Tomek Dziergwa

Sep 20, 2018 - 

9 min read  - 

Card detection using YOLO on Android

Intro

As some of you may know, Tooploox has a Tooploox Labs initiative that allows people to take a short break from commercial projects, and gives them a chance to try something new, experimenting with unexplored technologies. I happened to get such an opportunity. We’ve brainstormed about possible ideas, and we settled for a card detection app that would use Android’s new ML kit.

The reasoning behind that was that Machine Learning and Artificial Intelligence are becoming more significant, and while we have a well established AI team, the Android team did not experiment with utilizing any ML capabilities in our apps.

The aim of the project was to aid the user in a game of poker: being able to take a photo of the players hand, and the cards on the table and calculate the probabilities of getting specific poker hands. Due to time constraints I’ve only managed to wrap up the recognition part, but a working app can be found here. The full code of the app can be viewed on GitHub.

The article outlines creating a custom model using Tiny YOLO v2, converting it to tensorflow and then to a .tflite file that can be easily used in an Android app.

Yolo (short for You Only Look Once) is an object detection algorithm, first presented by Joseph Redmon in a paper and then subsequently improved.

Generating the dataset

To be able to recognize anything of interest we need to create a dataset on which to train our model. Unless you can find an existing dataset that happens to be annotated with Darknet specific annotation format this requires relatively high effort. For example when searching for playing cards dataset the most i could find was a set that contained only 4 images of each card, which is sadly not enough to train the model to reliably recognize the cards.

Take the photos

In my case about 15 photos per class proved to be enough to get decent reliability. As in case of all data sets, more diversity usually means better results in the end. Try to capture the object from a variety of angles, distances, on different backgrounds or in various lighting conditions. All those may affect the quality of the results the algorithm will output. To make your dataset more diverse you can use tools like Augumentator.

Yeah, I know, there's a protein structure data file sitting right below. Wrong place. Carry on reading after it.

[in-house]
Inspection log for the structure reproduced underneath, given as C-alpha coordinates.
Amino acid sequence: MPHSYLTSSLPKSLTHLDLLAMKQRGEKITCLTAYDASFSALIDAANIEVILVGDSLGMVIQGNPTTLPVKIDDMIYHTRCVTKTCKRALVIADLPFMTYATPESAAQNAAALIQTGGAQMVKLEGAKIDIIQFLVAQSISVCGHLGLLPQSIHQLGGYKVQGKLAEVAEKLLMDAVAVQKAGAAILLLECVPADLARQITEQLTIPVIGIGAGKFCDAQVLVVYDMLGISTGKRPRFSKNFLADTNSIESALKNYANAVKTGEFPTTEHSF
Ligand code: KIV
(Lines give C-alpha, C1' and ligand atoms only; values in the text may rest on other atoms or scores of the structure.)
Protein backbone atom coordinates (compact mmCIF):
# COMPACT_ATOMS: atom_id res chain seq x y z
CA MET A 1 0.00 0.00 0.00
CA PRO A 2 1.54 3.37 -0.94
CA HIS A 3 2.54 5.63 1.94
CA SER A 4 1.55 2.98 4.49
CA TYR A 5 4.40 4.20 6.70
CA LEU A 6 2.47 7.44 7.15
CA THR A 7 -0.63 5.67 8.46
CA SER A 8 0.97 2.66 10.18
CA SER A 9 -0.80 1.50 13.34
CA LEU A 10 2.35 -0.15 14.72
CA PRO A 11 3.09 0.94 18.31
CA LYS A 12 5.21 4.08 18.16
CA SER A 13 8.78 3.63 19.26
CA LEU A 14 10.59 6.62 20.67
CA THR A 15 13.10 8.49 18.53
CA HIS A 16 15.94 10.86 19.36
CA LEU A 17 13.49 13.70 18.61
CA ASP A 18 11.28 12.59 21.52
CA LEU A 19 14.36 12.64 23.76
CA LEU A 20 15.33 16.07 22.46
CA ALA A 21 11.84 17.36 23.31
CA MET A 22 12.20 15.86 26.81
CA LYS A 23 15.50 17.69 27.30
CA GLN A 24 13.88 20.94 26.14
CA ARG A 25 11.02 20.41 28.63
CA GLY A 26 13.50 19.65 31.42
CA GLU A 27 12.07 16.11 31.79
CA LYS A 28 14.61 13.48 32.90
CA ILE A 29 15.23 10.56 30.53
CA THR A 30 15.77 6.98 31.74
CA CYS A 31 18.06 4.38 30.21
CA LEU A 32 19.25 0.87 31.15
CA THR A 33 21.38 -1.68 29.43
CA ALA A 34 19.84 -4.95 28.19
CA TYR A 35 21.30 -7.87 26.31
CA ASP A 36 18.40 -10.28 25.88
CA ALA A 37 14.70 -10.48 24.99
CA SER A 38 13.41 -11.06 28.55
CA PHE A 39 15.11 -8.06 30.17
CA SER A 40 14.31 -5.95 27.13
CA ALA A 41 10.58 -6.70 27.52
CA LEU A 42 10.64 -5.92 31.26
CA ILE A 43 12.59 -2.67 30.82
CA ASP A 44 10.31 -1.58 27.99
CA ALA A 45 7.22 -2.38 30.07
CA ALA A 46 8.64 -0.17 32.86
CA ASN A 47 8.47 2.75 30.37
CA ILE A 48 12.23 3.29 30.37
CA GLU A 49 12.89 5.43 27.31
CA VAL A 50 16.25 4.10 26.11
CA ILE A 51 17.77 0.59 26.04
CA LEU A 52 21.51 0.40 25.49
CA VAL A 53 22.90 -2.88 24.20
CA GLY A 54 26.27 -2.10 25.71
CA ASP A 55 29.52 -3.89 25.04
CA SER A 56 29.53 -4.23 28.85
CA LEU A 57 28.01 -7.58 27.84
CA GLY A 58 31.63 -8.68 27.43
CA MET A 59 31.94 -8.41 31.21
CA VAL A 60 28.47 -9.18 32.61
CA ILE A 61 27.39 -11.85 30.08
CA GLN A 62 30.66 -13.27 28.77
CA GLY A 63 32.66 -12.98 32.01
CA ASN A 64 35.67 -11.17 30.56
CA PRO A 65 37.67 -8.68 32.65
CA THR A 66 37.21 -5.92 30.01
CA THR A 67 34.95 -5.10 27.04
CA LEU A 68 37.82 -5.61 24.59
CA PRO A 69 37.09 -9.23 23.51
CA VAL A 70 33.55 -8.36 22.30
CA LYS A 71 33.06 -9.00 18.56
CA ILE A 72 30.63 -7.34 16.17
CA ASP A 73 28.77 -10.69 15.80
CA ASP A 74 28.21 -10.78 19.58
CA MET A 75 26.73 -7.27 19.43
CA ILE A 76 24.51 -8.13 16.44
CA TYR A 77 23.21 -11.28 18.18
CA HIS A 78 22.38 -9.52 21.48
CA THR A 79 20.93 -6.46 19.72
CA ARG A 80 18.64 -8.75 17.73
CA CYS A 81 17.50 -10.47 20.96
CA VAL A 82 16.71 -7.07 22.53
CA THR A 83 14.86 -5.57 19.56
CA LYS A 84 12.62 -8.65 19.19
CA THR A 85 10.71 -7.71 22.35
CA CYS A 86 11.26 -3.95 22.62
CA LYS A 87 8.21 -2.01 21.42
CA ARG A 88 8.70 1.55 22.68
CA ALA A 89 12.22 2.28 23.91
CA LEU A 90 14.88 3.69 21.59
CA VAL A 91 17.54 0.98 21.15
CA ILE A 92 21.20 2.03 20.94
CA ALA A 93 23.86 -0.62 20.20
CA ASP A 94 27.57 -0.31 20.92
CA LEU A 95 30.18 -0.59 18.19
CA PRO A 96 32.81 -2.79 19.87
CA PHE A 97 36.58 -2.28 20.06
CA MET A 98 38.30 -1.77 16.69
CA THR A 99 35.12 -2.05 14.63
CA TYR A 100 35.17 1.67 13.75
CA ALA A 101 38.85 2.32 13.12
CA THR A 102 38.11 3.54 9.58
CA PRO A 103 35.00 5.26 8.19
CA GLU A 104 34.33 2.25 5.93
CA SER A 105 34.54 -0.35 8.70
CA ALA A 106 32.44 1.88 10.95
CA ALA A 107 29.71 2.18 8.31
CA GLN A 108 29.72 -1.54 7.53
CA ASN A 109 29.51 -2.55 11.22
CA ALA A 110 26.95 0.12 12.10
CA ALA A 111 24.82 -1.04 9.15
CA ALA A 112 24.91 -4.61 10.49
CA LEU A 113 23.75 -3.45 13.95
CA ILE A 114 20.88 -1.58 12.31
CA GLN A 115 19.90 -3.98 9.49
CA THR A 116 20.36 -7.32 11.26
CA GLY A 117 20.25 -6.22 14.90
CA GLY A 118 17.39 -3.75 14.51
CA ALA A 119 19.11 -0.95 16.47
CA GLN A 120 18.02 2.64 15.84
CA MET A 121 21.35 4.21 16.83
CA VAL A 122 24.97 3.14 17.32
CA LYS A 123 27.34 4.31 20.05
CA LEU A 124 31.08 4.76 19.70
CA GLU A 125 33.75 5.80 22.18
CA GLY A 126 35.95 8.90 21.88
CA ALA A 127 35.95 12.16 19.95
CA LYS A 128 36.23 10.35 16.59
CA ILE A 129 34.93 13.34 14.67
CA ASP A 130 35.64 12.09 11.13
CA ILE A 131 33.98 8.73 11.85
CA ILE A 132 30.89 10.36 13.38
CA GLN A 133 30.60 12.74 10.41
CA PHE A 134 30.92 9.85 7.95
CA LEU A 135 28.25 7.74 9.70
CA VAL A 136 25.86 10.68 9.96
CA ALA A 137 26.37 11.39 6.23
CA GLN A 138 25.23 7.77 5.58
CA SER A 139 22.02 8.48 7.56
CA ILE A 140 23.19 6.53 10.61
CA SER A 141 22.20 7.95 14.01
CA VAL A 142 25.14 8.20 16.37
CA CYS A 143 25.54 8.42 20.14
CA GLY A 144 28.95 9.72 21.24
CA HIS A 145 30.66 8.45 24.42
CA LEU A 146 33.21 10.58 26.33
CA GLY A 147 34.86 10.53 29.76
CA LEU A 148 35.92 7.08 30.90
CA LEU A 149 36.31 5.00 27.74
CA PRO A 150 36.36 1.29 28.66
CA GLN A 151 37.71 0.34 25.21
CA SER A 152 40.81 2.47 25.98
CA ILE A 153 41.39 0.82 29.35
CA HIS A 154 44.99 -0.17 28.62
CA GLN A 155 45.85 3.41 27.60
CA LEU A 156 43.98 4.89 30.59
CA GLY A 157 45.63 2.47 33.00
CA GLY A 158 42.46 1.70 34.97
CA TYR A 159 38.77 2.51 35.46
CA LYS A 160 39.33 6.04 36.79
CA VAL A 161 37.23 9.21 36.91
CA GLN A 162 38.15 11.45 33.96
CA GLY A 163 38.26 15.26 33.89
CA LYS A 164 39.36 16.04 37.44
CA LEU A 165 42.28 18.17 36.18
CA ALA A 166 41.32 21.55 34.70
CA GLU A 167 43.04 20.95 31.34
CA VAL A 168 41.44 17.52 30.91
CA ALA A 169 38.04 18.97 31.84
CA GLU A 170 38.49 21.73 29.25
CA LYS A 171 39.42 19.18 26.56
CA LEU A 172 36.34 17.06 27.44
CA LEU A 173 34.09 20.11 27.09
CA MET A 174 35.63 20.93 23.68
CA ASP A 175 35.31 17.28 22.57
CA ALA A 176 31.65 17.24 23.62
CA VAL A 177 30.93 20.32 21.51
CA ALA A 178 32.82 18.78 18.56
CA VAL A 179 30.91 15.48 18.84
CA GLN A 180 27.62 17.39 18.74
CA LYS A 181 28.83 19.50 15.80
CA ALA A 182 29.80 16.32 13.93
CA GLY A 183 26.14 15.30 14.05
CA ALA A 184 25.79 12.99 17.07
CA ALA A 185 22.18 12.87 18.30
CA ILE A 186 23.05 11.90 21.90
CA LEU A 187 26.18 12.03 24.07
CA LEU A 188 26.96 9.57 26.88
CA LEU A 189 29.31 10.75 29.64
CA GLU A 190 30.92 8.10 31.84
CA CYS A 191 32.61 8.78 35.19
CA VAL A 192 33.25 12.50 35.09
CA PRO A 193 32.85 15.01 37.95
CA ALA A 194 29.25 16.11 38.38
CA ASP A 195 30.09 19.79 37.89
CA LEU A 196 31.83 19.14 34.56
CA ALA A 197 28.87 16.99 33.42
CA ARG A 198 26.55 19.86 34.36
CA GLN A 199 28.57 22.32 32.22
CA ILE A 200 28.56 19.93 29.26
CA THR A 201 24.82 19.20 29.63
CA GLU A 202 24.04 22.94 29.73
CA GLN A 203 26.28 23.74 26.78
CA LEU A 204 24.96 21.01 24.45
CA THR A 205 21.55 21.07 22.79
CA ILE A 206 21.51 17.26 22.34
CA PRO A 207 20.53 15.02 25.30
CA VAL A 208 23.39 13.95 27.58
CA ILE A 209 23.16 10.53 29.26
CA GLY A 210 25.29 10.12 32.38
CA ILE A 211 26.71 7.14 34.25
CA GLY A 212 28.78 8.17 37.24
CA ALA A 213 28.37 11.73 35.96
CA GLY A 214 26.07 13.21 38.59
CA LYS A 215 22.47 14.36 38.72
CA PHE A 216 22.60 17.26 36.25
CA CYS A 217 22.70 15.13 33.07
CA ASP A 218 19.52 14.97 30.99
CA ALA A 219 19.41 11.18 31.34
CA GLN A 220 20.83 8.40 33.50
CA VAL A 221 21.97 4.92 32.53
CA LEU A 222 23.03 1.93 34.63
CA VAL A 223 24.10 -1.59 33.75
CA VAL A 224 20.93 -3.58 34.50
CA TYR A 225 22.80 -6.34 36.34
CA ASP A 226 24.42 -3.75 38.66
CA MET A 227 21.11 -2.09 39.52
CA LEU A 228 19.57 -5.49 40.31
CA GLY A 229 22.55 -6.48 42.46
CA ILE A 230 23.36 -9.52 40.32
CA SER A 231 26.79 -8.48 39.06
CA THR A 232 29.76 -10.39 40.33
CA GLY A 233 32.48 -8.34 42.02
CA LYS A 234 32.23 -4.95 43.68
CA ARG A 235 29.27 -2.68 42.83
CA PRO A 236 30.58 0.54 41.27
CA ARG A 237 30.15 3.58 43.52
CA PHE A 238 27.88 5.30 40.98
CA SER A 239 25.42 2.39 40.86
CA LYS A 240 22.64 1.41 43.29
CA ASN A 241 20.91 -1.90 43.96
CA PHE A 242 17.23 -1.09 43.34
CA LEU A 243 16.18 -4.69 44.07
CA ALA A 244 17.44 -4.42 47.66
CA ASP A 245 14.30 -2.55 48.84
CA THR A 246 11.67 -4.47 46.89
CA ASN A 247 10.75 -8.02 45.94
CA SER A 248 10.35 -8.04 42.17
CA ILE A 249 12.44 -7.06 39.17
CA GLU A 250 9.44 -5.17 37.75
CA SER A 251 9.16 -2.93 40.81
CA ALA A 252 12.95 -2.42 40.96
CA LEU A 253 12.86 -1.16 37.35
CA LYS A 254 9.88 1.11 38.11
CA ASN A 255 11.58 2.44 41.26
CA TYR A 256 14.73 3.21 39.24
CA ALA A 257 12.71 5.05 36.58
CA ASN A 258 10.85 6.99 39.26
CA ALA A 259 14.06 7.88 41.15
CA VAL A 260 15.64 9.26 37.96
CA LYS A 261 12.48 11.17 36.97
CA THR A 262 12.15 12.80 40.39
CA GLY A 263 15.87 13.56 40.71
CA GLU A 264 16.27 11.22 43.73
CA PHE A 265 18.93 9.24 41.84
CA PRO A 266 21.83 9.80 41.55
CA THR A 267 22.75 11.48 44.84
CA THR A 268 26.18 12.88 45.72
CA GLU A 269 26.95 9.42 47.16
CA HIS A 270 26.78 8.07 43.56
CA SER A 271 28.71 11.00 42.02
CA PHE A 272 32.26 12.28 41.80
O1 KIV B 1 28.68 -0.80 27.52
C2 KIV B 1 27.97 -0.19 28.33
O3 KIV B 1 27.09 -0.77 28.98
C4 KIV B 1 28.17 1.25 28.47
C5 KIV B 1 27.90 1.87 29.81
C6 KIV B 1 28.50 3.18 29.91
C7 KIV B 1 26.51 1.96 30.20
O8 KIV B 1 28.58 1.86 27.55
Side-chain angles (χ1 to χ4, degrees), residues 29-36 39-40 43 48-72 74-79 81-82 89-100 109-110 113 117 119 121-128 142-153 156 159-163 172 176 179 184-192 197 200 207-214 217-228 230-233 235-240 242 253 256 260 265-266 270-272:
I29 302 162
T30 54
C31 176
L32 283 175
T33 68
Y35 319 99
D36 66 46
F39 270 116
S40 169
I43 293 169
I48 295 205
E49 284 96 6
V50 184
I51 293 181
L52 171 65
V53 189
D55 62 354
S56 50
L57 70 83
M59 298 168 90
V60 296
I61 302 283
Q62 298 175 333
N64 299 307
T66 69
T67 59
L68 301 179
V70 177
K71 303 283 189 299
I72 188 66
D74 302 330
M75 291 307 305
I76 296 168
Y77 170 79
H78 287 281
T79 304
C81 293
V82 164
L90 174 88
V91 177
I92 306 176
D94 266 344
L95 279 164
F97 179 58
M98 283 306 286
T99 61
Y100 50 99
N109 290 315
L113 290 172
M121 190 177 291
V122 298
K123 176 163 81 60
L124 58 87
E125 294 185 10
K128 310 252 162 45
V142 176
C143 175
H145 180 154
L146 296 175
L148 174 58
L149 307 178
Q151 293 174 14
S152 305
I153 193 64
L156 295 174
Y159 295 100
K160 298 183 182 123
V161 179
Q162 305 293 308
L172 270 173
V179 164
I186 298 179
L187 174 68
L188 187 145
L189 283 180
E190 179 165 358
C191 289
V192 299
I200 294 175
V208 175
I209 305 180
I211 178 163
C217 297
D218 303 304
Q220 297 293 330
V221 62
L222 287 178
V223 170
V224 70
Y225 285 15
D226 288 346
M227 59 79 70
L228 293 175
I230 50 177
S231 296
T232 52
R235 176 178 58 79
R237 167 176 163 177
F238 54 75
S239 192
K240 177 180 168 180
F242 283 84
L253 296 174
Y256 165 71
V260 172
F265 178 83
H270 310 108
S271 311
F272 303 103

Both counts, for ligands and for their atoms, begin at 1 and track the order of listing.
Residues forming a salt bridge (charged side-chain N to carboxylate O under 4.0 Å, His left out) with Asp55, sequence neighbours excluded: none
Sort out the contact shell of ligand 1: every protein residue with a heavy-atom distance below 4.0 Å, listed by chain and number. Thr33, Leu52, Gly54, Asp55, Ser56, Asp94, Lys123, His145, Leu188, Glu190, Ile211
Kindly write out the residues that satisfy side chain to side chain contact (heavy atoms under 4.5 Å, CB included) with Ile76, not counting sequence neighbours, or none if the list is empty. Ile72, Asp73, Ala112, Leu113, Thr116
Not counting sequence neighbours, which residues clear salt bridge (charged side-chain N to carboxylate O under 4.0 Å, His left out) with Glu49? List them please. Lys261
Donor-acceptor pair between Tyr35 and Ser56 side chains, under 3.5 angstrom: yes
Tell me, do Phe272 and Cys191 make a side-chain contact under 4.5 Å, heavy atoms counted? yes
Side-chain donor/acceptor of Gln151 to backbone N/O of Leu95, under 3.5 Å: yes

Annotate the photos

So if you thought that taking the actual photos will be the most laborious part of the process you were wrong. There’s still the issue of annotating the photos to create bounding boxes (i.e. the parts of an image that contains the object of a given class) in the right places, so the model will properly tag the desired objects. It’s quite important that those boxes are as accurate as possible, since the overlap between ground truth and the predictions would be an important factor to consider for the algorithm to evaluate the training progress.

The next difficulty is that i couldn’t find an efficient tool to draw the bounding boxes. I found two workable solutions:

The YOLO annotation format is relatively simple. Basically it’s a .txt file, that has the same name as the image it annotates and has 5 parameters

  • the class index
  • X coordinate of the middle of the bounding box
  • Y coordinate of the middle of the bounding box
  • Width of the box
  • Height of the box

All those dimensions are relative, that is an annotation of

0 0.5 0.5 0.2 0.2

would describe a box for an object that is first on the category list that is centered in the middle of the image and whose width and height is 1/5th of the image.

Prepare dataset metadata

To train the model we’ll use Darknet, the official tool made by the creator of yolo, Joseph Redmon. For the Darknet to properly parse your files you need a file that specifies all the info it needs to use. Let’s call it object.data. It’s contents are as follows:

Let’s break it down line by line:

  • classes is pretty self explanatory: It specifies the number of classes you want to use
  • train is the path to a text file that has the paths to the images that the model will train on. Note: these paths should be relative to the Darknet executable
  • valid is also a path to a file but this time specifies the paths to images that would be used to verify the model output. The images you so diligently prepared should be split in roughly 3:1 ratio of train:test
  • names is a list of object categories that the model should recognize. The number of lines in this file should correspond to the number of classes specified in the first line